Even more troubling are the rapid and major changes being made to the EU's bail-in legislation, as described in the November 13, 2013 Reuters article, "Plan To Raid Bank Creditors Could Shatter Europe's Calm".
"I hope that serious investors know what they are investing in," said Gunnar Hokmark, a member of the European Parliament who plays a central role in shaping the new law.
"Everything is to be seen as bail-in-able. Depositors are, in the end, bail-in-able. If anyone would be surprised by that, they have been away from the debate for quite a long time."
Originally pencilled in for 2018, these rules will be finalised and possibly accelerated by European Union countries and the bloc's parliament in the coming weeks.
In other words, none of the "good stuff" is there when it comes to using market forces and incentives to cure the SIFI problem. There just appears to be a new and massive source of involuntary funding from investors, which doesn't seem to disturb the cozy relationship between politicians, banking regulators, and the politically powerful senior banking executives.
Perhaps these missing components will be there if and when the actual regulations are issued? We can only hope - but it sure doesn't look like it at this point.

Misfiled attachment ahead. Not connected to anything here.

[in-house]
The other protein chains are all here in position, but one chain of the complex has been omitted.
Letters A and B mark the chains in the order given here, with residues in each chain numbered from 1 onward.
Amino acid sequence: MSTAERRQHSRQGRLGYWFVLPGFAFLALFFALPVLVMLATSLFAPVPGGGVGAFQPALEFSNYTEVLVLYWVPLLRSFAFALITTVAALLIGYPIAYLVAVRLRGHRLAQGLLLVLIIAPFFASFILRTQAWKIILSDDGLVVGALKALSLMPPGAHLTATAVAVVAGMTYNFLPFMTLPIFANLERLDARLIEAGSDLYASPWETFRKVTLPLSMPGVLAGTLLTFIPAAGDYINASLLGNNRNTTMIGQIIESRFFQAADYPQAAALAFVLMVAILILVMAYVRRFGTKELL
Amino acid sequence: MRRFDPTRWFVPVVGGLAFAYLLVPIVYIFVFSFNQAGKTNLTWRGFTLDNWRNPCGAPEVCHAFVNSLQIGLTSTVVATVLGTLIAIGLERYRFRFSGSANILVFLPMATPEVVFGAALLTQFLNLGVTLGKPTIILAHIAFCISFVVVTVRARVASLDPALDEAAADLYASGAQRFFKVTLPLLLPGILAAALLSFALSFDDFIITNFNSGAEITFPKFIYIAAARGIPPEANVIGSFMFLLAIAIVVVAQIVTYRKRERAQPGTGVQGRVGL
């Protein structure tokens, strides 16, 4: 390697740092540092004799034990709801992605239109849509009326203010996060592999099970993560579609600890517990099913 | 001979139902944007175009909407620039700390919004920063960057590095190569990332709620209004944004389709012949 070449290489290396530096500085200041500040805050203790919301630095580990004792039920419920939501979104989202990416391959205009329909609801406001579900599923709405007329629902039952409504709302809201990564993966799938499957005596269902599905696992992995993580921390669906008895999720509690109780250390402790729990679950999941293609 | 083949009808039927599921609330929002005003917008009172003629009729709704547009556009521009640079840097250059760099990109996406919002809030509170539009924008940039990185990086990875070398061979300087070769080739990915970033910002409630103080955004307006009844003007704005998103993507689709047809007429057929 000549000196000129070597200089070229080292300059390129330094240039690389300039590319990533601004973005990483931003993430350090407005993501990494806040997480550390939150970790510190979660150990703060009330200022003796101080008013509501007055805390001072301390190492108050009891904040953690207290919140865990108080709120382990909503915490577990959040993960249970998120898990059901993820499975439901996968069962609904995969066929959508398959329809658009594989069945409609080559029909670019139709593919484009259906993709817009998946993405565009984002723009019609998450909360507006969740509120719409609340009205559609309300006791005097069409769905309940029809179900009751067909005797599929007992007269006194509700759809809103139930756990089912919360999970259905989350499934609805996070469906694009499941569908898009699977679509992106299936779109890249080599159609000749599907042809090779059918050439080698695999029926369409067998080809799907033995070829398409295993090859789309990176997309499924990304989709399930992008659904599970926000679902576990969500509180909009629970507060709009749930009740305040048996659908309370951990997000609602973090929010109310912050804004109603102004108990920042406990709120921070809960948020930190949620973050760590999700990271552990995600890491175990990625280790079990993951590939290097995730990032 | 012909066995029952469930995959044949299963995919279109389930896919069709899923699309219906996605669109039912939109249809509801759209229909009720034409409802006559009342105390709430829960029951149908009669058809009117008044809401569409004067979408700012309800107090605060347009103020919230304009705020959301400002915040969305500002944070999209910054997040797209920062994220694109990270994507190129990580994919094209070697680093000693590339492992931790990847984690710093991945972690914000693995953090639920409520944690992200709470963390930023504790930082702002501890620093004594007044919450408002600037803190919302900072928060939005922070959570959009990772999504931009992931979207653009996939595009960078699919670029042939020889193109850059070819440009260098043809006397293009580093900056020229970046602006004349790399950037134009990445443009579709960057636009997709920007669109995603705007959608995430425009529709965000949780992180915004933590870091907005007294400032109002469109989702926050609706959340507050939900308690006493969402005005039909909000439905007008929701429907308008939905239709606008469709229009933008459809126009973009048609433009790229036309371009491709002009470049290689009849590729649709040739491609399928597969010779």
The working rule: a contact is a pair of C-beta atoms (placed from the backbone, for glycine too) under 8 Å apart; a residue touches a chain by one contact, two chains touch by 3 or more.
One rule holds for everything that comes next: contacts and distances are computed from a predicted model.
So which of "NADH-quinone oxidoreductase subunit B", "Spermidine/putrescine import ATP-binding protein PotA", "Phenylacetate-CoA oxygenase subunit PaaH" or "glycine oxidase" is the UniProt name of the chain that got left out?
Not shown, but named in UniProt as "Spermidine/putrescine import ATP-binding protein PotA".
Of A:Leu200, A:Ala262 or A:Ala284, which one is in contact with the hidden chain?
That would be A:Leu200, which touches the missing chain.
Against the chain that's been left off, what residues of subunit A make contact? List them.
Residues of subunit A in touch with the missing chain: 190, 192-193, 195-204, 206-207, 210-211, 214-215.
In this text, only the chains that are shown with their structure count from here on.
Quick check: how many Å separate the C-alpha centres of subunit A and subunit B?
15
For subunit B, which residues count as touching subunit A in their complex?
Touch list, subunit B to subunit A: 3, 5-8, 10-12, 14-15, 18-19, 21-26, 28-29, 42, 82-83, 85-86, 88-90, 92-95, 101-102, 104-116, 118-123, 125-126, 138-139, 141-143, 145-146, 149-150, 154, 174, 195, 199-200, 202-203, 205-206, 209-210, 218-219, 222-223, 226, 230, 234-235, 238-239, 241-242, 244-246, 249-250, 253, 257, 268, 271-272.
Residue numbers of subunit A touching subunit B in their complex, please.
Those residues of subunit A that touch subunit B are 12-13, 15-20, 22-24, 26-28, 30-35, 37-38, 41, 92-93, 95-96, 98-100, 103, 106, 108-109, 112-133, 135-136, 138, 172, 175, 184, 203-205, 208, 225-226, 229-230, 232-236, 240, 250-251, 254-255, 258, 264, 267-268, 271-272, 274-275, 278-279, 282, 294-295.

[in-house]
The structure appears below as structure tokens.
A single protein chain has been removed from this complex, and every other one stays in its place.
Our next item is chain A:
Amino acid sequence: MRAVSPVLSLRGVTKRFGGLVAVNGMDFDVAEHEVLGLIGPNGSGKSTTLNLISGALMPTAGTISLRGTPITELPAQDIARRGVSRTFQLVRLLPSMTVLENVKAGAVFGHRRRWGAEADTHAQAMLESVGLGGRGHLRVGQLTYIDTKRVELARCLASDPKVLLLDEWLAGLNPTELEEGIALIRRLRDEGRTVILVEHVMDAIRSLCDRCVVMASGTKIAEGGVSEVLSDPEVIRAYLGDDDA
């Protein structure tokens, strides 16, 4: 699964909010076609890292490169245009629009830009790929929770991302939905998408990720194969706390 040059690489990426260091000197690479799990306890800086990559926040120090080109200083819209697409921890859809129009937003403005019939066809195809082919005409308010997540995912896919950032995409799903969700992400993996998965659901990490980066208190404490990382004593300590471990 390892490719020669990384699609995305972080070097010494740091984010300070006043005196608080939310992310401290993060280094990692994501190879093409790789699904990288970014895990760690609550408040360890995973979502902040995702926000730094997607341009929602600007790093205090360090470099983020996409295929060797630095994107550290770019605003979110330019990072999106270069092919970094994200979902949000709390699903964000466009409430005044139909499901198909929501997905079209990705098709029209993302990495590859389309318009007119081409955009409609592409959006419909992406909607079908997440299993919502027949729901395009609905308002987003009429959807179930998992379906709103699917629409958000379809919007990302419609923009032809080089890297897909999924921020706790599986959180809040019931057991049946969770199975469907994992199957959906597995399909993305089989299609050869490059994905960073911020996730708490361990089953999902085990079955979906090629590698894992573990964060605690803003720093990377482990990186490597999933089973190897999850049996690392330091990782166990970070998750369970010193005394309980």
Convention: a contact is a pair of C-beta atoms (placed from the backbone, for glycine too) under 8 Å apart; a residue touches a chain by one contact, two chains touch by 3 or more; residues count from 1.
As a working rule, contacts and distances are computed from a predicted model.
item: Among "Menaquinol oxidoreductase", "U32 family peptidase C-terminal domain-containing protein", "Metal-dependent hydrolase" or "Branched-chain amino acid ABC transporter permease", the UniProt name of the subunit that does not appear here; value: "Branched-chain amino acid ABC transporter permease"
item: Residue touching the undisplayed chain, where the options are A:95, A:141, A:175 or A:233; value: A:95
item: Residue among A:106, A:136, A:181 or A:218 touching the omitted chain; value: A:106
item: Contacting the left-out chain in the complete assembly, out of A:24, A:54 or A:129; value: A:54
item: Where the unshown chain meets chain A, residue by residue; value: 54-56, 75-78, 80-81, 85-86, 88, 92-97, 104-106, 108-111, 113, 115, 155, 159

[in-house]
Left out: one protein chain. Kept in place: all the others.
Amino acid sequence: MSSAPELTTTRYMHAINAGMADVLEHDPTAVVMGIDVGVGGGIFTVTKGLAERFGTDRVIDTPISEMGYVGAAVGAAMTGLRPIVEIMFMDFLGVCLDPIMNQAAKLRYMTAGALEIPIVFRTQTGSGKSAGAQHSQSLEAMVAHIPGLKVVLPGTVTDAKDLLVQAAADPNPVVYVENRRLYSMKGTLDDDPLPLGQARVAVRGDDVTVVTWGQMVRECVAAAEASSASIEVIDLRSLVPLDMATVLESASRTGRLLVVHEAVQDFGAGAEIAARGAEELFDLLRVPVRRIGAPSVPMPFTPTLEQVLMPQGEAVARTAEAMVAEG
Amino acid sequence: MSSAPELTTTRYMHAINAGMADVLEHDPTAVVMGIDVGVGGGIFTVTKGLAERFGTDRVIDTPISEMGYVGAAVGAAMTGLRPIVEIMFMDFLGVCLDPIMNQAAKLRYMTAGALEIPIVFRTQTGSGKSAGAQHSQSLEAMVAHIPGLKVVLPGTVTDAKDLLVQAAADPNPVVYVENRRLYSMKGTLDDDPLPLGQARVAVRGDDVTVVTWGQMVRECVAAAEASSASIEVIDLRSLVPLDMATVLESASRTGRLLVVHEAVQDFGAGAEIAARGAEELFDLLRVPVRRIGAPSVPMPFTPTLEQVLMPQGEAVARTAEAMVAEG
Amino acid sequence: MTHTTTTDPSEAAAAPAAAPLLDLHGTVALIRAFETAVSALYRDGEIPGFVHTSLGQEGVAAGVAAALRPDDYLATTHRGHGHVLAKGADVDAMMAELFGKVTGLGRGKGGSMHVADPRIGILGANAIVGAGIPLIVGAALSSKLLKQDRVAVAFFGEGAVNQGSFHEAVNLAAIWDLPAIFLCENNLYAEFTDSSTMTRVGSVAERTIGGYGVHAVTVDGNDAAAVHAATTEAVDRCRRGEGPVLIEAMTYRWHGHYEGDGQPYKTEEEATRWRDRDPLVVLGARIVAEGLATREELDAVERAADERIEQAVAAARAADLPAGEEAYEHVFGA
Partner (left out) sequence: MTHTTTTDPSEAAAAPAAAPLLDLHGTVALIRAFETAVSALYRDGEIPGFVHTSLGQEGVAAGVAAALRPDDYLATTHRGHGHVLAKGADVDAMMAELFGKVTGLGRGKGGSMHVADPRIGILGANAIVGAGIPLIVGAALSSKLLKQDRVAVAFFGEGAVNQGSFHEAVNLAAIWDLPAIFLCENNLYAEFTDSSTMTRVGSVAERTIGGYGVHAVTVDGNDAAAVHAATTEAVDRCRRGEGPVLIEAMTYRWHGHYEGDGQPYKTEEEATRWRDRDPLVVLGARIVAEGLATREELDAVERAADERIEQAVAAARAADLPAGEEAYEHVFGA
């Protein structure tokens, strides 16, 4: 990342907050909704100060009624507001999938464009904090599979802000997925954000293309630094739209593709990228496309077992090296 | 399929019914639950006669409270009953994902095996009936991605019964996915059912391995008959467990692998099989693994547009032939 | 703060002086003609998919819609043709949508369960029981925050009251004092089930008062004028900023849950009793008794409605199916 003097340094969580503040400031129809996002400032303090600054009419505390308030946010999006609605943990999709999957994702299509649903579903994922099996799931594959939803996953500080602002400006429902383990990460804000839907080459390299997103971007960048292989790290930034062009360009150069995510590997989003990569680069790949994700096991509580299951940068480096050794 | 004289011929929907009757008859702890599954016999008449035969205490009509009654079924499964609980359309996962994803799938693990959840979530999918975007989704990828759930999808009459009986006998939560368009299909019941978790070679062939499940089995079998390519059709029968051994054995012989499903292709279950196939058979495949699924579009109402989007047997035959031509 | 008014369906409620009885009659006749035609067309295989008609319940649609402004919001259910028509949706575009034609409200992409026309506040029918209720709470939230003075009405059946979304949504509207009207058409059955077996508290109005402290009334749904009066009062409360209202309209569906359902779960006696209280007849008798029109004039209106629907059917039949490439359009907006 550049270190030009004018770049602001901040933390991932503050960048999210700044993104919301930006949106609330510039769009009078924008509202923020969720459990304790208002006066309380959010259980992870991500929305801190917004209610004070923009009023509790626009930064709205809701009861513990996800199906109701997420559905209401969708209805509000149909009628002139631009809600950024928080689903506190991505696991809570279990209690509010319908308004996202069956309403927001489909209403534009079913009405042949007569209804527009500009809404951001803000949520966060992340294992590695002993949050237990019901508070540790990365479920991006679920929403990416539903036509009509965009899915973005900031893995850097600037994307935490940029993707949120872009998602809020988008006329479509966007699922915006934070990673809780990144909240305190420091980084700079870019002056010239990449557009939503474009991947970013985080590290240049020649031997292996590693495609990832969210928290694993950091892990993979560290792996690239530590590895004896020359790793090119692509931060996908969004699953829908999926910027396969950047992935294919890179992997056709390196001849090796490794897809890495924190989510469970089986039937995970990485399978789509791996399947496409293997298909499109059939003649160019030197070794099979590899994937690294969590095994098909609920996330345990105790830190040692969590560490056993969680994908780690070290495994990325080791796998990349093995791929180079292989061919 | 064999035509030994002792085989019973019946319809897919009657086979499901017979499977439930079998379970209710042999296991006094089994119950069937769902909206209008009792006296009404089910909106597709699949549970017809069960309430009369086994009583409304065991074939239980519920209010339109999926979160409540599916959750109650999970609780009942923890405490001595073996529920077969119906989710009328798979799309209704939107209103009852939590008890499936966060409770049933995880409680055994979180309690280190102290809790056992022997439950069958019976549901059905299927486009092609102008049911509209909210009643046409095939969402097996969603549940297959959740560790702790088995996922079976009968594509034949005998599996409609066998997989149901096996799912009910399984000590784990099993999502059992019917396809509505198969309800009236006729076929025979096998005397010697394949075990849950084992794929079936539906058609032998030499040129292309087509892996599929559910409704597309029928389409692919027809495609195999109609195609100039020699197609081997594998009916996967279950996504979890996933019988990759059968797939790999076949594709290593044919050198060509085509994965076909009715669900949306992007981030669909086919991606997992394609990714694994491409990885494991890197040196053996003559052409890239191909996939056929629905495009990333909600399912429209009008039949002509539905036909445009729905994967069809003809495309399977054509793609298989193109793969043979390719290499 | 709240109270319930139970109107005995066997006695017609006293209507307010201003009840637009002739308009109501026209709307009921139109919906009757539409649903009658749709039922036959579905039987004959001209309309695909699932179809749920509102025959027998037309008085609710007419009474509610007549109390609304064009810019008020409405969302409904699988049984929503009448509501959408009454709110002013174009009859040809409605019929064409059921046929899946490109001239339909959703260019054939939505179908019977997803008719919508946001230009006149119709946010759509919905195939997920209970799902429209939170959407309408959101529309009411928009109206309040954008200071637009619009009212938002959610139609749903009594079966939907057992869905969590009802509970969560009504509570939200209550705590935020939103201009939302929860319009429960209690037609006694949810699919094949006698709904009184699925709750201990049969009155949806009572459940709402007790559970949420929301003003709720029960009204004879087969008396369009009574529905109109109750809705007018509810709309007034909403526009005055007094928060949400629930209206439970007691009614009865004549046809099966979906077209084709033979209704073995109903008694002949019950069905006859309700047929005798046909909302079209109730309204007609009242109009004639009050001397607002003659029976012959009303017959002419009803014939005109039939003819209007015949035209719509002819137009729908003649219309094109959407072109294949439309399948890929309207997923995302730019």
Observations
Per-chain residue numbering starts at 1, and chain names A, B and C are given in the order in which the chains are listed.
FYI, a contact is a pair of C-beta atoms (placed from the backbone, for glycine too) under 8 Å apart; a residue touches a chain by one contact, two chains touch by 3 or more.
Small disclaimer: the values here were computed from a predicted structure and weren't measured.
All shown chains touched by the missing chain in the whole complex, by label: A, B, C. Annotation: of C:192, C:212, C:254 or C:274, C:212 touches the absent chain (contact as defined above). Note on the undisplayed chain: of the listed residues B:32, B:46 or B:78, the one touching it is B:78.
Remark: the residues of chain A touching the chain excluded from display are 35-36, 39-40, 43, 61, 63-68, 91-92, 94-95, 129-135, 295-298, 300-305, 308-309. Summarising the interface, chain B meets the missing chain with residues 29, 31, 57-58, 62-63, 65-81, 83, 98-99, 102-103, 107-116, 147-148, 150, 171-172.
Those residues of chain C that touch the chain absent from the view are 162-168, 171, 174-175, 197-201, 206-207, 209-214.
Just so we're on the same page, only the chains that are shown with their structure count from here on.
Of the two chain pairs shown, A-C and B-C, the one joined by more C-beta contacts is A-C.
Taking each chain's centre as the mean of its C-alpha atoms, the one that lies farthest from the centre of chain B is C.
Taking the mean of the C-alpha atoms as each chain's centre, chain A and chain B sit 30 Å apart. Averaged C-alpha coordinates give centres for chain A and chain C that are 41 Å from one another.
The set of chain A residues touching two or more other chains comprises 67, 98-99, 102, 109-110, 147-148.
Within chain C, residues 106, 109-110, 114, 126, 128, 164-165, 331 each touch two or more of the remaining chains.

What is rapidly emerging instead, in both Europe and North America, is an enabling mechanism for the taking of wealth from those who are judged to be able to bear the pain, so that the general population is bailed out without paying the cost, and in the real world – the politically powerful are still likely to be insulated.
Dysfunctional Global Finances & Governmental Interventions
Something else to keep in mind is that the banking institutions don't have a problem in isolation. Rather, as covered in the IMF document, their fate is closely interwoven with the sovereign governments. So we have a global financial system which remains at high risk, and if sufficiently stressed these institutions could still bring down the global financial order in a very short period of time, potentially even a few days. We know stress will come – we just don't know quite when and where.